Who said having a disability is negative?

by John Naudé

Yet many disabled people say the biggest issue that they have is not the impairment itself, but rather the way people respond to it

© Marc V. Appelghem / WCC

As a 38-year-old man who uses a wheelchair and is approaching middle age, I find the concept of being not disabled quite intriguing. Many friends and colleagues tell me about the benefits of not being disabled, yet I have never felt the need or the desire to be healed or to become non-disabled.

I appreciate that some people who become disabled through ill health, accident or some degenerative condition may wish to be as they were before. Yet many disabled people say the biggest issue that they have is not the impairment itself, but rather the way people respond to it.

Many people tell me that without my disability I would be free from pain and discrimination and be able to do so much more. Similarly, I have asked the female participants in disability awareness training, if they would prefer to be men so as to be spared the pain of menstruation and childbirth, and the discrimination against them as women. They tell me very clearly "No, I would not want to be a man." I ask Black people whether they would not rather be White, and not face such prejudice and discrimination. Again the answer is a clear "No". The fact of being a woman or a Black person is part of who they are. While there is an assumption that disabled people would rather not be disabled, I and other disabled people would say that the disability is part of our identity.

Yet as a disabled person who believes in Christ, I also believe that I am made in the image of God, and that I am fearfully and wonderfully made, as the Psalmist says. I do recognise that I was born with a disability, and that those who become disabled later in life may feel differently about it. However, when I was growing up, I always thought that to lose my sight would be the "worst" disability. But my friends who were blind or partially sighted would say that at least they had their mobility. So in one sense, it is all relative, and it depends on how you view yourself and others.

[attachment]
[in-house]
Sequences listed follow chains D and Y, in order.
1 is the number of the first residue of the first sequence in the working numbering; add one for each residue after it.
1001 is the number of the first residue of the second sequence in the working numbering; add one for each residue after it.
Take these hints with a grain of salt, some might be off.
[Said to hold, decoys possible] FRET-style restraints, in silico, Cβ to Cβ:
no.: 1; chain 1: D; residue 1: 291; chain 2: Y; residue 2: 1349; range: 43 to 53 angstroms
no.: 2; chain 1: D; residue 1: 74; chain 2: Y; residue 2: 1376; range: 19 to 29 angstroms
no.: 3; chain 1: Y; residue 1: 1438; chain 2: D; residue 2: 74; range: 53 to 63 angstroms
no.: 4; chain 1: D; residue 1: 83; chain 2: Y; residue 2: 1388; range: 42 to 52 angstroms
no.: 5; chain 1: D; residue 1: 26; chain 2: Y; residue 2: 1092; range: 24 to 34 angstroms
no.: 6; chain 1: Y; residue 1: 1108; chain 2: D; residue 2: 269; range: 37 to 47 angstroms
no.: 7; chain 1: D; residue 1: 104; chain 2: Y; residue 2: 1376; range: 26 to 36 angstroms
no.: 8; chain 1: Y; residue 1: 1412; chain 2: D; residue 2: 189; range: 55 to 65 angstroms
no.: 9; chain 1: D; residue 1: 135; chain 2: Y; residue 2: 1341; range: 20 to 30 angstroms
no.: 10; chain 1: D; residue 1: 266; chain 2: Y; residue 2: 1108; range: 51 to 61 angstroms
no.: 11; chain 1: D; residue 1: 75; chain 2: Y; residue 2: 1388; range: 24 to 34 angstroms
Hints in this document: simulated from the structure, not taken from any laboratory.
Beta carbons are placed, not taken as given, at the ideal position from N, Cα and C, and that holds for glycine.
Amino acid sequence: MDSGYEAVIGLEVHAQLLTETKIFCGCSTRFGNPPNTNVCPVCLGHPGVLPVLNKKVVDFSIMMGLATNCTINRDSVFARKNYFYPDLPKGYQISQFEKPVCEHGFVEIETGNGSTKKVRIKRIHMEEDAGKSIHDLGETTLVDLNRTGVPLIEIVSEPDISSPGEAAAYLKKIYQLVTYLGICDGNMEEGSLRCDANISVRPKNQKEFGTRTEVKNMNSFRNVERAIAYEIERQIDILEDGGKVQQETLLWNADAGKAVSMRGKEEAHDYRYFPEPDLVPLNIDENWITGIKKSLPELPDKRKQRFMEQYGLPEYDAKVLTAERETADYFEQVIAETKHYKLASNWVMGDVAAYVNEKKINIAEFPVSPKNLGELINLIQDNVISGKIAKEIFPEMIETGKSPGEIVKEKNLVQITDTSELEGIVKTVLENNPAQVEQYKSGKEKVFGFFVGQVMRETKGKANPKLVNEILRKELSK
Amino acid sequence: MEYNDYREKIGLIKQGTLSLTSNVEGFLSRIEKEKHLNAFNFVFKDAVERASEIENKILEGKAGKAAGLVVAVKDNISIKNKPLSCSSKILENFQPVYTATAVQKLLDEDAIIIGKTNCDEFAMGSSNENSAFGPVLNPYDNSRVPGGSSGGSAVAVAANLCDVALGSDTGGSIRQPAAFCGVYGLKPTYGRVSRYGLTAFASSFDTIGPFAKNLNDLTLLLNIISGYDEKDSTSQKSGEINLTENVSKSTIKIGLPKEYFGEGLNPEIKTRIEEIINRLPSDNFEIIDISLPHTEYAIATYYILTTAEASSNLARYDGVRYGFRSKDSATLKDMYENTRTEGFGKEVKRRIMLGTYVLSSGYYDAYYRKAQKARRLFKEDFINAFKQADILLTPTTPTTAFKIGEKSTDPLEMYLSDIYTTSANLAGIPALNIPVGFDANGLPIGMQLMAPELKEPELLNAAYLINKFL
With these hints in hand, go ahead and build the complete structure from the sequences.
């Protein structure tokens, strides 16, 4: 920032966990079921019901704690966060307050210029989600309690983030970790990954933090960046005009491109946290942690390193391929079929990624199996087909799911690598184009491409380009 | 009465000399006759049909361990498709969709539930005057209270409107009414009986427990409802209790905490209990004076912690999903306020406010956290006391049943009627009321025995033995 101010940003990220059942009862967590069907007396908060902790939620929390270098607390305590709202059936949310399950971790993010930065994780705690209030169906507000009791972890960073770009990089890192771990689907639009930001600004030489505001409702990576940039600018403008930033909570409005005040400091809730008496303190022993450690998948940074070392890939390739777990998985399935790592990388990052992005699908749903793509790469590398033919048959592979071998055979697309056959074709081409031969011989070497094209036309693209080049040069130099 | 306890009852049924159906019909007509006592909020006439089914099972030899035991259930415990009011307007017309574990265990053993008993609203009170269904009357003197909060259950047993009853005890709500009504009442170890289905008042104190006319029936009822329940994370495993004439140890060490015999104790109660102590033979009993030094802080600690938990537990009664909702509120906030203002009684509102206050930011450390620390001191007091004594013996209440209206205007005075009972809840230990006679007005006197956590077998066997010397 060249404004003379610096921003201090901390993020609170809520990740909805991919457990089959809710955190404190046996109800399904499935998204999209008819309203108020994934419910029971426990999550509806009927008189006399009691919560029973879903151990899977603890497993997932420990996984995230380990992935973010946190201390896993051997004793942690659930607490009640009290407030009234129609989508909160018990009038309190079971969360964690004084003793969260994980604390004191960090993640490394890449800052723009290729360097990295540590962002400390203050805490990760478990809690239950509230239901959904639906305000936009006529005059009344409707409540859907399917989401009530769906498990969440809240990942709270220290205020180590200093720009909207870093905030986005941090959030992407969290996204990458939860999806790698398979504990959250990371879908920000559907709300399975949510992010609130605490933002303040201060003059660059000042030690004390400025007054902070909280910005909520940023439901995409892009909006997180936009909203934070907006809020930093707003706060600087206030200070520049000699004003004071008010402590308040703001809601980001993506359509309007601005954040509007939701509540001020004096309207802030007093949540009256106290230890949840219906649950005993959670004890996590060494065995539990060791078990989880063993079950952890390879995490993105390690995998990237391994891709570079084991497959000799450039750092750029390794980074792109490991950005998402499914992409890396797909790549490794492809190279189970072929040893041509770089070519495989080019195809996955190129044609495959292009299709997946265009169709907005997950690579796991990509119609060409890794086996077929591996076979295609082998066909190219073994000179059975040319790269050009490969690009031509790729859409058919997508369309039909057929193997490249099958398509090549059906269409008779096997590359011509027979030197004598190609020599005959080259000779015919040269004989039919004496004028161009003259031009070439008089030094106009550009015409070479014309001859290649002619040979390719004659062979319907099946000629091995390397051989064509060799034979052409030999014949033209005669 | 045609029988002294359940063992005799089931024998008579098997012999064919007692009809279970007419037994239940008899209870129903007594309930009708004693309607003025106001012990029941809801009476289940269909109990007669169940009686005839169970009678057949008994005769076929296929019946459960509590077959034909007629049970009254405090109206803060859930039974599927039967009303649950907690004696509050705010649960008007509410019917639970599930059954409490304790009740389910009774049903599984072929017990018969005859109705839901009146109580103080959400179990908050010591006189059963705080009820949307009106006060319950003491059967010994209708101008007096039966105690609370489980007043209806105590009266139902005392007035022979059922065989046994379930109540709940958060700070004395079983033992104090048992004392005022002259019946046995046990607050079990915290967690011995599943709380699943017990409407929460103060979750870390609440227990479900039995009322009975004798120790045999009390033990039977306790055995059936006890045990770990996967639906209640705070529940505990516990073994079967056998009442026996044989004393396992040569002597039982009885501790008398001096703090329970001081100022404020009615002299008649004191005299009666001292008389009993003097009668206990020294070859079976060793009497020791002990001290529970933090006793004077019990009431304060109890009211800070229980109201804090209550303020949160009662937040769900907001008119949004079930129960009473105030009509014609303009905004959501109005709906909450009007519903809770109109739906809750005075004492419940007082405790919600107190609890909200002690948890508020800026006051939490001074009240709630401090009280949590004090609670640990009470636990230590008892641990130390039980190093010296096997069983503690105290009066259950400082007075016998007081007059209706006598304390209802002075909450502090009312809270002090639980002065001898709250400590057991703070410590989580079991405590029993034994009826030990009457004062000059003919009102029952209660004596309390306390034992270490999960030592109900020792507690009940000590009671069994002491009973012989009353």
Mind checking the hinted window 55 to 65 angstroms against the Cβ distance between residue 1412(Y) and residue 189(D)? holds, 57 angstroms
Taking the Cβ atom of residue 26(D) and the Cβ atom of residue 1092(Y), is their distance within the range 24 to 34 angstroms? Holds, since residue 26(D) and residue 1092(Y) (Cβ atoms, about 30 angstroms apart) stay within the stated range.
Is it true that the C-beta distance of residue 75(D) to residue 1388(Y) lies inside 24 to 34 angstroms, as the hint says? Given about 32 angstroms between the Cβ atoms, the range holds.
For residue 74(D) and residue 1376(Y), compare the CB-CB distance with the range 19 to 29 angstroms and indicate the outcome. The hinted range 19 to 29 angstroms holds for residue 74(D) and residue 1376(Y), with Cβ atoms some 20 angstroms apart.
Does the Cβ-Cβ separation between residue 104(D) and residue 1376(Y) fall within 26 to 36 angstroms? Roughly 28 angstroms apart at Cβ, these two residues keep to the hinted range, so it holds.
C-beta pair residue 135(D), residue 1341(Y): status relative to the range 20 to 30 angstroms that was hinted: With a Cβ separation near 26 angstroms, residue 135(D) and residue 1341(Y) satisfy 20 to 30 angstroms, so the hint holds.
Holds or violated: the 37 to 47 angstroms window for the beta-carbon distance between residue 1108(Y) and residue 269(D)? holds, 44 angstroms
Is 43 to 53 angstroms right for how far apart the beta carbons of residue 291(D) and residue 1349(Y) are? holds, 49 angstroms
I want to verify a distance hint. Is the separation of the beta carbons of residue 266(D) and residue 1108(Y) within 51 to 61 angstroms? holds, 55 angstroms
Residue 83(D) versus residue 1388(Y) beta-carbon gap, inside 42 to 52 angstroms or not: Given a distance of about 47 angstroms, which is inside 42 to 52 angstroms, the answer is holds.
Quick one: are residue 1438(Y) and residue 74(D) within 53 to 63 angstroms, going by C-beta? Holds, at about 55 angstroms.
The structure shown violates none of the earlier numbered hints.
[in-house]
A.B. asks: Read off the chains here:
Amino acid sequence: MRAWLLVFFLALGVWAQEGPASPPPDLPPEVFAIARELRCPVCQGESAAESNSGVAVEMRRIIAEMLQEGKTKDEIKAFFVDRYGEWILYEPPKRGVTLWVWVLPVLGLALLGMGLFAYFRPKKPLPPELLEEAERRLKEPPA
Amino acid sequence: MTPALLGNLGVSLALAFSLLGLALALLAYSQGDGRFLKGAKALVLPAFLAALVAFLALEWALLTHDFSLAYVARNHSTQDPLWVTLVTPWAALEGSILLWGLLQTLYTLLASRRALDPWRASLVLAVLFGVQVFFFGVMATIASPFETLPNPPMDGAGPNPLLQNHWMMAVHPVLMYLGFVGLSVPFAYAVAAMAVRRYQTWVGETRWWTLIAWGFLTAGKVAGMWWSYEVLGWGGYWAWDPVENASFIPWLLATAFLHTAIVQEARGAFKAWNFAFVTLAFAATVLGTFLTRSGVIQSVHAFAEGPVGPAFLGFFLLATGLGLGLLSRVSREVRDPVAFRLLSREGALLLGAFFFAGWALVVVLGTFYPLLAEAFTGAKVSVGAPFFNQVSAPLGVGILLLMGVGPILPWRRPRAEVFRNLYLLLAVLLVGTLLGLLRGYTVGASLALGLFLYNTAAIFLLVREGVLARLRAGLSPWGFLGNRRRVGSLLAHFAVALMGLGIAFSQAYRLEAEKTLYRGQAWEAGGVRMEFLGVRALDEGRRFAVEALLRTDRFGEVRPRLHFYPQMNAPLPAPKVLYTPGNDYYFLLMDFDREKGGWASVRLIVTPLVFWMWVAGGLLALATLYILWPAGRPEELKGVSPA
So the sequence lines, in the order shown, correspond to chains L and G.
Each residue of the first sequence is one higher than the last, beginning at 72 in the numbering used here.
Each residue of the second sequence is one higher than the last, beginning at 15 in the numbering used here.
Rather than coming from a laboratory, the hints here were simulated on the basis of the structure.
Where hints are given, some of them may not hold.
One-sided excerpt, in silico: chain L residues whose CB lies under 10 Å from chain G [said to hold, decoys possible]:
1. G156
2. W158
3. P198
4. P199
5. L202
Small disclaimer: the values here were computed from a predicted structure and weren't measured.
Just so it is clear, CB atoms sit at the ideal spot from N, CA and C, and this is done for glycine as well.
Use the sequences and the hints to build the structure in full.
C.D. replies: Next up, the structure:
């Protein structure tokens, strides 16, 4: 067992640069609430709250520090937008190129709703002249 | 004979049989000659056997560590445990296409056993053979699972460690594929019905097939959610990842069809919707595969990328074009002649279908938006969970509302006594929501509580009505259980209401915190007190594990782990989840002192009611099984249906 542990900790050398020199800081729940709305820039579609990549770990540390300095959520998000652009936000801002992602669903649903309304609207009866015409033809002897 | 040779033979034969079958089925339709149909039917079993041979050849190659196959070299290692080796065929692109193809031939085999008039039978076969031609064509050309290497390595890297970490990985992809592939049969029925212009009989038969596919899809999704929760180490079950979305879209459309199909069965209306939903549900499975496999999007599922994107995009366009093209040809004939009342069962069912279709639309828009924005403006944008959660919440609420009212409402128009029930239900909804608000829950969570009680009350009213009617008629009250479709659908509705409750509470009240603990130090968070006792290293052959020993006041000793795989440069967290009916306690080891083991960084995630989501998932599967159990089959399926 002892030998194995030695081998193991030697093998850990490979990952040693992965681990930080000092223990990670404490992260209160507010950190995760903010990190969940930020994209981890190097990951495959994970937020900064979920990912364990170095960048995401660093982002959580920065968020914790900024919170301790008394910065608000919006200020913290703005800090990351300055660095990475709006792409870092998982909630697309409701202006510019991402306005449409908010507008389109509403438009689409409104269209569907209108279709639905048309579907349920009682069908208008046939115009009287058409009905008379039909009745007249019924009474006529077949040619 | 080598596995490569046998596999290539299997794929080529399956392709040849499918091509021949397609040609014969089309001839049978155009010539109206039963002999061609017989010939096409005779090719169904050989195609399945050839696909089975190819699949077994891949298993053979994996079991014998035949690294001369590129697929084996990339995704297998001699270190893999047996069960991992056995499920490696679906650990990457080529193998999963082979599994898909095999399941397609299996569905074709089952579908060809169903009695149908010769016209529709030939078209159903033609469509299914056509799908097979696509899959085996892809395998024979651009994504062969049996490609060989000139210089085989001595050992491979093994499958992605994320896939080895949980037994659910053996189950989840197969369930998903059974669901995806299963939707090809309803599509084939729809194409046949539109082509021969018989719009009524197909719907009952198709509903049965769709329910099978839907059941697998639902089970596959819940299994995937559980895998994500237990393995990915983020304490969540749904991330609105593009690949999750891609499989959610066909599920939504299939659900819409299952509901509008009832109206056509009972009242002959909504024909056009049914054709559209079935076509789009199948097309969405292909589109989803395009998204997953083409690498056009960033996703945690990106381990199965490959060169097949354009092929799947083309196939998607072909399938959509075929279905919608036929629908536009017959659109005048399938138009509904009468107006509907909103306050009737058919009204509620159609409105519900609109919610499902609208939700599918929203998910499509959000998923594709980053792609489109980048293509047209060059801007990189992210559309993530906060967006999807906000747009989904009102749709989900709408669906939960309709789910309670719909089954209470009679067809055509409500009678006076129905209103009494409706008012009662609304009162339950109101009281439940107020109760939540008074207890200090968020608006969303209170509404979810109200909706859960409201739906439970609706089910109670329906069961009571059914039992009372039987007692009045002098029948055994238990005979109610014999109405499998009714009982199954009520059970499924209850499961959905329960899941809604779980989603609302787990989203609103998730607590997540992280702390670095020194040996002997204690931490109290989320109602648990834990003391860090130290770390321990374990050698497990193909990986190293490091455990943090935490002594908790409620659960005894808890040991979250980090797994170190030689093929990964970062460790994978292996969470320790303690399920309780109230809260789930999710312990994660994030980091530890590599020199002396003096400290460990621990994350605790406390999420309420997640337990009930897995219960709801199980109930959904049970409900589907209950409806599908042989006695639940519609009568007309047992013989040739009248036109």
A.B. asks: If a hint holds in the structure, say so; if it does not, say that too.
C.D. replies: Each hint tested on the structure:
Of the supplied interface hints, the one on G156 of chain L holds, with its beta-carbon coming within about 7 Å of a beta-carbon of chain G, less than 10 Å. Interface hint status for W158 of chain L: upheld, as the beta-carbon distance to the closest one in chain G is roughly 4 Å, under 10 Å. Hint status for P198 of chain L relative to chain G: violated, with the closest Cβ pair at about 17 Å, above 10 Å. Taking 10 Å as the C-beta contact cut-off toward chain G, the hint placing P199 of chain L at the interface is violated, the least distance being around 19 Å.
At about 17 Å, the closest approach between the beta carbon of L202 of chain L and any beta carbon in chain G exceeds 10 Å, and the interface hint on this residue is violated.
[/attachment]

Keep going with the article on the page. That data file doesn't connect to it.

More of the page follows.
Some people who have become disabled through illness, war or accident have told me that they are thankful that they had many years of being non-disabled. However, I have also come across some disabled people who said that their "quality of life" had improved considerably since they became disabled. This was because they had to re-evaluate their life, and explore its meaning. This in turn led to new interests, stronger relationships and a greater appreciation of who their friends really were.

The images charities create
In the United Kingdom, the multiple sclerosis charity did a television and cinema advertising campaign in the 1980ís with horrifying images of a beautiful young man and woman semi-naked, with parts of their bodies being ripped apart like paper. It showed people who thought that they were "safe" because they were young and attractive as susceptible to this form of disability. During this campaign, the group became the highest earning charity in the UK.

Fear was the message this campaign conveyed. People were terrified of becoming disabled through multiple sclerosis (MS). However, some people who had MS objected to it on the grounds that it did not accurately reflect what it is like to live with MS. In the bill-board advertisement, a message in small print said the MS charity was "A hope in hell". This continued to fuel peopleís perception that disability is "hell" and, indeed, "sent from hell" - something very negative that people should be afraid of.

In the past charities have played an important role in helping to portray the negative, "helpless" image of disabled people. Yet research has shown that their income will not be affected if charities show positive images of disabled people. Indeed, some charities are now showing the positive outcomes of the work disabled people do achieve with no reduction in their income!

The realities of disability
It may appear to the reader that this article is all about the positive aspects of having a disability. But of course having a disability brings frustrations. I may be described as a hopeless romantic. I may dream of being on a beach at sunset with my wife, with the waves lapping at her feet. Yet the reality is that I would probably sink in the sand, and any romantic ideas would be forgotten as she struggled to rescue me. I would also love to go for walks in the hills or mountains with my wife, yet that is a real problem, and my disability brings restrictions. It also brings pain at times. Operations and medication may be necess-ary. But I have learnt to live with these aspects of having a disability, even though at times they may be scary or painful. And I have never felt the need or desire to be not disabled. Maybe it is because I donít know what it would be like, because the "benefits" of not being disabled seem unreal. Or because I feel all the pain, the operations, the discrimination, etc. these have played a part in shaping me into the person I have become: hopefully, not some bitter, twisted individual, but a person who feels great strength, and has a broad outlook on life.